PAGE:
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Kidney Week

Abstract: SA-PO635

Prognosis and Treatment of Peritoneal Dialysis-Associated Infection by Nontuberculous Mycobacteria

Session Information

  • Home Dialysis - II
    November 04, 2023 | Location: Exhibit Hall, Pennsylvania Convention Center
    Abstract Time: 10:00 AM - 12:00 PM

Category: Dialysis

  • 802 Dialysis: Home Dialysis and Peritoneal Dialysis

Authors

  • Kadota, Nozomi, St.Luke's International Hospital, Tokyo, Japan
  • Ito, Yugo, St.Luke's International Hospital, Tokyo, Japan
  • Konishi, Kasumi, St.Luke's International Hospital, Tokyo, Japan
  • Fujimaru, Takuya, St.Luke's International Hospital, Tokyo, Japan
  • Taki, Fumika, St.Luke's International Hospital, Tokyo, Japan
  • Nagahama, Masahiko, St.Luke's International Hospital, Tokyo, Japan
  • Nakayama, Masaaki, St.Luke's International Hospital, Tokyo, Japan
Background

Nontuberculous Mycobacterium (NTM) can lead to infections related to peritoneal dialysis (PD) catheters, defined as exit site infection and tunnel infection, and PD related peritonitis. Current guideline lacks clarity regarding the indication for catheter removal and the optimal duration of treatment for these infections. Therefore, the aim of this literature review is to analyze the accurate treatment approaches and prognosis associated with NTM-related PD catheter infections and peritonitis.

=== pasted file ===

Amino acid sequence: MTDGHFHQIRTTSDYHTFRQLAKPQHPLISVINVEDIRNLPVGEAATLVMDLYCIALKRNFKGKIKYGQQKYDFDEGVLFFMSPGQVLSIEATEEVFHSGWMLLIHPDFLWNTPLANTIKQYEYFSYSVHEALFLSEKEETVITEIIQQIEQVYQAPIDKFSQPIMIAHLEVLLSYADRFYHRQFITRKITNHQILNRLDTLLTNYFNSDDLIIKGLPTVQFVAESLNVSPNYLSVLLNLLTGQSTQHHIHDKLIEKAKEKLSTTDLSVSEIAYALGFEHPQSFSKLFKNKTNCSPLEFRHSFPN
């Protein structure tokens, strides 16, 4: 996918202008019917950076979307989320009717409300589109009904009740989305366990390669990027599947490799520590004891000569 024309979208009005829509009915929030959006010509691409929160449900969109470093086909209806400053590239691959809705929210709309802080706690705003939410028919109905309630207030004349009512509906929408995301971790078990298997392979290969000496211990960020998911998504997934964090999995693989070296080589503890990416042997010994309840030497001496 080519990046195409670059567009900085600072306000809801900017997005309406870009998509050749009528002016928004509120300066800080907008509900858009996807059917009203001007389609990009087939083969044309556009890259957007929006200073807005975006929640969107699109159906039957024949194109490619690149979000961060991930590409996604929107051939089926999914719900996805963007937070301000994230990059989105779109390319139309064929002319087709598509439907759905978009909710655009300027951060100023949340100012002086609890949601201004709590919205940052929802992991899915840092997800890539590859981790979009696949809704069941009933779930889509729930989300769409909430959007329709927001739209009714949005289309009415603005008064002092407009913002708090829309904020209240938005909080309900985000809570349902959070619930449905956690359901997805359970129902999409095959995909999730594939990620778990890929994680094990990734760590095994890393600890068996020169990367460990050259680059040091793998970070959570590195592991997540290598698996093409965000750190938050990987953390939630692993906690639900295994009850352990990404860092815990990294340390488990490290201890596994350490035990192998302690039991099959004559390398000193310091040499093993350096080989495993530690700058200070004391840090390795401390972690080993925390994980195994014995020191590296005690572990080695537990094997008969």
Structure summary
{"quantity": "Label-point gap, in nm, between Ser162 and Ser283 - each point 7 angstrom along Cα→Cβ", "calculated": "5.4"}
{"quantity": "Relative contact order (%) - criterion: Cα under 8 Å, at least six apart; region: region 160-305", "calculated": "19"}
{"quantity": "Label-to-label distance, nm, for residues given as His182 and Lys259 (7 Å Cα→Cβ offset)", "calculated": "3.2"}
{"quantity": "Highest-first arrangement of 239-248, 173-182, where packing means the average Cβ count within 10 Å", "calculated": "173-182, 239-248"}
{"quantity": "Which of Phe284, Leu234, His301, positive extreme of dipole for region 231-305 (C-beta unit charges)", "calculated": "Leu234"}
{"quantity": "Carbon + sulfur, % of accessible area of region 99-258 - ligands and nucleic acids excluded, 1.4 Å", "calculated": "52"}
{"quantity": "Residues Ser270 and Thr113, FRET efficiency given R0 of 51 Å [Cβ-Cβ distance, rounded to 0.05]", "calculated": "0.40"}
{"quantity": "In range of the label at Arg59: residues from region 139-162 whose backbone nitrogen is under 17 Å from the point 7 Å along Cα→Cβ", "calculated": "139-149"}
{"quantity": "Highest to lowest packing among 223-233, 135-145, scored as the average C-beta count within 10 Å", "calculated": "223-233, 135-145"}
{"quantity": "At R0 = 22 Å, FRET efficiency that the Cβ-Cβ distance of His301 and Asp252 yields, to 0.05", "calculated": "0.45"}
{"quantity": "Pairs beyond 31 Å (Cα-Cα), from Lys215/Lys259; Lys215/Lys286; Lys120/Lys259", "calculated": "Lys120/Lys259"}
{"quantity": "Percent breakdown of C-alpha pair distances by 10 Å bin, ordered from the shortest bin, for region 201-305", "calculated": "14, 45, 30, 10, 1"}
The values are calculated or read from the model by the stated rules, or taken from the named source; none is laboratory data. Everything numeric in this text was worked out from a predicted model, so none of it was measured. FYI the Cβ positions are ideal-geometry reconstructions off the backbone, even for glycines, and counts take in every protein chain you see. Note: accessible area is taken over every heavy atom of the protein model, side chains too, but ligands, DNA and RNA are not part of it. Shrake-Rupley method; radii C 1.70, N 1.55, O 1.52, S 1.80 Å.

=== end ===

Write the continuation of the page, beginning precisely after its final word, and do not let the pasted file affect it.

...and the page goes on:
Methods

We conducted a literature review of published cases of PD catheter-related infection and peritonitis by NTM in PubMed, Embase, and Ichu-shi databases up to August 2022.

Results

A total of 362 cases were included in the analysis. Among these cases, 226 (62%) were male, with the mean age of 57 years. Diabetic nephropathy accounted for 22% of cases as the most common cause of end-stage kidney disease (ESKD). Mycobacterium abscessus was identified as the most prevalent pathogen, found in 38% of cases. The distribution of cases was as follows: 39% categorized as catheter-related infection alone, 26% as peritonitis alone, and 25% as both catheter-related infection and peritonitis. Only 57% of cases yielded positive NTM cultures on the initial attempt. In 18% of cases, other bacteria, mainly Corynebacterium or diphtheria, were identified in the initial culture, while the first bacterial culture was negative in 24% of cases. Antibiotics alone were used to manage 43% of patients, while 44% eventually required catheter removal. The average duration of antibiotics was 4.8 months. Notably, six cases of peritonitis resulted in death without catheter removal.

Conclusion

This case series represents the largest sample size in NTM-related catheter-related infection and peritonitis. Early submission of acid-fast bacilli smear and culture should be considered, especially when bacterial cultures are either gram positive rods or negative. Catheter removal may be considered as the appropriate management at the early stage of NTM infection.